2017 Bindi Quartz Chardonnay Macedon

2017 Bindi Quartz Chardonnay Macedon

6 in stock


6 in stock 1.33 kg . .


It is incredibly exciting to begin releasing the first of the 2017 wines and also to reflect on
the just completed 2018 harvest and growing season. During these reflections we can also
look over Bindi’s progression as our vineyard and winemaking knowledge have matured.
Here and now, we find ourselves after 30 consecutive years of planning, hard work and
dedication blessed with a run of outstanding quality vintages culminating in the fabulous
2017s and extremely promising 2018s. There is no doubt that several kind seasons have
been an enormous gift, however the fine tuning of processes, like under vine ploughing,
composting and extra attention to detailed canopy management have maximised these
The 2017 season was a beauty. There were no days over 40 degrees and there were
several significant rainfall events that alleviated stress on the vines (and us!). The fruit set in
early December was extremely successful and the season was tracking a bit later than is
recently usual. Easter in 2017 was mid April so the early April harvest date was no surprise.
Conversely, in 2016 Easter was mid March and the harvest was early March. In 2018
Easter was end March/early April and harvest was completed between March 11 and 20th.
In all three vintages, the grapes ripened 110 to 115 days from fruit set.
In 2017 we determined that the vintage was going to push later into the season and we did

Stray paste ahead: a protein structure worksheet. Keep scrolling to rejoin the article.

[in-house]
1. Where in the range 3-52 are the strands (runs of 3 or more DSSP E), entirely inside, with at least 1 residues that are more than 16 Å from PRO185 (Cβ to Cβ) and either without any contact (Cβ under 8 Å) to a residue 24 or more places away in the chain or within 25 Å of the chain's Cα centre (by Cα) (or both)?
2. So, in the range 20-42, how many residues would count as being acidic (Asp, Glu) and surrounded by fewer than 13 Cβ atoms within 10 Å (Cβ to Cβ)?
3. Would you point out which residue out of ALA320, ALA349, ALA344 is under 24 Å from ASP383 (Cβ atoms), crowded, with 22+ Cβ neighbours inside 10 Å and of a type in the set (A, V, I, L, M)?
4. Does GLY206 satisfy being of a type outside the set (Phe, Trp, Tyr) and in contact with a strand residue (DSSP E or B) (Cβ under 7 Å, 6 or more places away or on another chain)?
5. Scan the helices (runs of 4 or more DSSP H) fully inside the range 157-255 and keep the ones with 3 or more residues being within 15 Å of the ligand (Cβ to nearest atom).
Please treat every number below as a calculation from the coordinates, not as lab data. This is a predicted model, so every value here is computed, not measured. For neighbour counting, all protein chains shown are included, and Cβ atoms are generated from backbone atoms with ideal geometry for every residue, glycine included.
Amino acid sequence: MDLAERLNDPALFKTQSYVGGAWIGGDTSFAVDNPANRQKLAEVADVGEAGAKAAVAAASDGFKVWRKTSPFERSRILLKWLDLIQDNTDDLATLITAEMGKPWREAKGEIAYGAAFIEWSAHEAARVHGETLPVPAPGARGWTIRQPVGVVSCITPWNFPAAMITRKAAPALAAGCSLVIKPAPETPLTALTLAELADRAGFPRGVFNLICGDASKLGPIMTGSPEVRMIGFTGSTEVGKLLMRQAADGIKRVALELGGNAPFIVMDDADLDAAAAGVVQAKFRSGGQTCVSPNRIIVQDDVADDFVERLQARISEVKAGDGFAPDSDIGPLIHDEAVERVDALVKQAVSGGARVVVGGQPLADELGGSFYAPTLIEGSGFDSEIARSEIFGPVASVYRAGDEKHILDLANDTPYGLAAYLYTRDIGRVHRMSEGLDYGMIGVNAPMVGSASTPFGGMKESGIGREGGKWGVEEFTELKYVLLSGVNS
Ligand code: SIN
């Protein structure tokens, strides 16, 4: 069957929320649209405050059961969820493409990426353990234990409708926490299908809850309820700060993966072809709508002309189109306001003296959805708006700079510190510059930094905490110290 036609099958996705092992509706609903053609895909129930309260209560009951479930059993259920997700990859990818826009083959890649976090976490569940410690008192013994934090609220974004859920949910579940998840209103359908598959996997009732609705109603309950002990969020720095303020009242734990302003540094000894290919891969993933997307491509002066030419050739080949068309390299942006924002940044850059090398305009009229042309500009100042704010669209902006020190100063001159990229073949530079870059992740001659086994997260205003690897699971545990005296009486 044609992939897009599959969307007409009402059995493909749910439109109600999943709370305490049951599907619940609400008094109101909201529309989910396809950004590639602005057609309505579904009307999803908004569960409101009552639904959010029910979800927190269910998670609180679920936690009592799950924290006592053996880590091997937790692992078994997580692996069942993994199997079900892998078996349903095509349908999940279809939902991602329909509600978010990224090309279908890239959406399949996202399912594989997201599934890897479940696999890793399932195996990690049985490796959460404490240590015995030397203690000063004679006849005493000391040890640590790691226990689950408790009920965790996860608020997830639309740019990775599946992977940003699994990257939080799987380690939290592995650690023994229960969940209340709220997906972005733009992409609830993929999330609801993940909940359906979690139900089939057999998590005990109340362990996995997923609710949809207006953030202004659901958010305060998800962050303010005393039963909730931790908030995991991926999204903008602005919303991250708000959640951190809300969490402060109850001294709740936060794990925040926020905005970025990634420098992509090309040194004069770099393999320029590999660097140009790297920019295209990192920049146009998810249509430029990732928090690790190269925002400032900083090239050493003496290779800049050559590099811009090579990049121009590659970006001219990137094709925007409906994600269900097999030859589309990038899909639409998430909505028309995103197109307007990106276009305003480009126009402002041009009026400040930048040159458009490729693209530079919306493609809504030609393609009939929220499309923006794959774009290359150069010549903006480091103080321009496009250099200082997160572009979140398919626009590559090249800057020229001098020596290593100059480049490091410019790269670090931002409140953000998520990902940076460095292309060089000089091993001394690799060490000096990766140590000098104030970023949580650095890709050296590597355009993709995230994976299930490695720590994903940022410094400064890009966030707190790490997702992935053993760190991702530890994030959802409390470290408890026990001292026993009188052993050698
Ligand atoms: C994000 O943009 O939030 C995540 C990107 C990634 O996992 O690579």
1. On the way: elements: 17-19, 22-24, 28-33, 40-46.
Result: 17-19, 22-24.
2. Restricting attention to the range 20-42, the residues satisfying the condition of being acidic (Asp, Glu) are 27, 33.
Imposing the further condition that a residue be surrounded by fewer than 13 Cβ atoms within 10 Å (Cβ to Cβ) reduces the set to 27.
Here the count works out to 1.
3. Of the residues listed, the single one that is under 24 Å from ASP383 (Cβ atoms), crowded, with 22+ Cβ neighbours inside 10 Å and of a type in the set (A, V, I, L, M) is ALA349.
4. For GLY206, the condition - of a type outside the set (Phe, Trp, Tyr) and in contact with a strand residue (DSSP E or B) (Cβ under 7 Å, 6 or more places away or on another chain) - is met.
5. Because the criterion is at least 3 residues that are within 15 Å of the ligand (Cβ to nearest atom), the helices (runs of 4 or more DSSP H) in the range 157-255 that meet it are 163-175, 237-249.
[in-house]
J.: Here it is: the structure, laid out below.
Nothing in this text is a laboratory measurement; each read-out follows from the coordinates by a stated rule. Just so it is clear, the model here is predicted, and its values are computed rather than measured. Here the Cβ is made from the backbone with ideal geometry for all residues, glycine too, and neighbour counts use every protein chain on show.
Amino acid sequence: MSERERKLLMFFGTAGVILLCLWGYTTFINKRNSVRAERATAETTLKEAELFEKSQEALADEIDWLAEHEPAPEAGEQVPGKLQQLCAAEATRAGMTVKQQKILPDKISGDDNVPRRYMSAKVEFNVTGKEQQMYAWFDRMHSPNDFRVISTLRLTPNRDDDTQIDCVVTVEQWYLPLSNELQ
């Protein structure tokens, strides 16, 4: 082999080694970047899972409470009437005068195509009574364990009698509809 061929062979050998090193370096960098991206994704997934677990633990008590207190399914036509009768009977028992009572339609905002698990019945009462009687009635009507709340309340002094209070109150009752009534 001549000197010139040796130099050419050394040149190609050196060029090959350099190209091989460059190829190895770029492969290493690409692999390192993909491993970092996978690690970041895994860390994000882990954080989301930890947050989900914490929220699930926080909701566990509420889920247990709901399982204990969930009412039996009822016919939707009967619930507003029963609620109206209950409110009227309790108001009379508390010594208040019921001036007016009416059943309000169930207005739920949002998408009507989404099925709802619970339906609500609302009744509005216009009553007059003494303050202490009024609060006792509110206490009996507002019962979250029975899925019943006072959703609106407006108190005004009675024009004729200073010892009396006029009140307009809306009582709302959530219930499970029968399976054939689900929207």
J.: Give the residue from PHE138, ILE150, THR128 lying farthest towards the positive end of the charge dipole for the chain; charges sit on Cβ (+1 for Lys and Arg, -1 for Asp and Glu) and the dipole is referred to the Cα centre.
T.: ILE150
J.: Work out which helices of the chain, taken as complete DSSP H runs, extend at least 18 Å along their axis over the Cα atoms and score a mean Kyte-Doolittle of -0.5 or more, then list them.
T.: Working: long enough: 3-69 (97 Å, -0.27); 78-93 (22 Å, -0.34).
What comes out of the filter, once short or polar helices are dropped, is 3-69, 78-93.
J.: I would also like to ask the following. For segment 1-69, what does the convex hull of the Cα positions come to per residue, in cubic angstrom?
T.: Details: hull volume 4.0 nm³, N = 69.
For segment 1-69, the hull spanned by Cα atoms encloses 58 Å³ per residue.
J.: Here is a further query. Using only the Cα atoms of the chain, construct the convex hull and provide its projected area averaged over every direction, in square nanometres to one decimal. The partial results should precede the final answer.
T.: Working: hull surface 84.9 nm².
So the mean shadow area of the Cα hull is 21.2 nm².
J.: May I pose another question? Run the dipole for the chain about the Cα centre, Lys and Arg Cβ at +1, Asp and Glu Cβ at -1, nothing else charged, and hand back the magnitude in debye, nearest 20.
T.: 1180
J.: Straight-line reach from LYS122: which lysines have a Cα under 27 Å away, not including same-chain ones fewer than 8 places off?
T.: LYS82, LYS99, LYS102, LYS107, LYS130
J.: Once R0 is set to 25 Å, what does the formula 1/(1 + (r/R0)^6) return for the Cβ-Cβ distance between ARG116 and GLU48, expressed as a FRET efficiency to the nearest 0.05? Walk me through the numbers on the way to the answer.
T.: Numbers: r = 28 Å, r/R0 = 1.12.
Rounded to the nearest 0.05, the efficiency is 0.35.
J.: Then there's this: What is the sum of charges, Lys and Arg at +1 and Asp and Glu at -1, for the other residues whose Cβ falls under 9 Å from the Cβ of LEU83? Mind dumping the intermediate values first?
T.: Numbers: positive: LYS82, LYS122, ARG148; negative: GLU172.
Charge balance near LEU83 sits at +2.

more green harvest/fruit thinning than normal in order not to push the ripening of the crop
into mid April when we perceived the season might be fracturing. The potential crop was, for
us, large and the gut feeling was that it was not a season to roll the dice on a two tonne per
acre plus crop. Five days after we concluded the harvest we had 100mm of rain! Most
certainly, if we had left the crop as it was we would have suffered flavour and sugar dilution
and the way the autumn then progressed we would never have got the fruit to where it
needed to be for maximum quality. Conversely, in 2018 the crop was just over two tonnes
per acre on average and we read the season to be long and warm and the vine health to be
exceptional and pleasingly that is how it played out. In 2018 we had 76mm of rain at the
beginning of veraison, a perfect moment for rainfall, and the vines ripened their crop in
perfect fashion. Whether this be intuition, experience, managed risk taking or something
else, it has been very satisfying.

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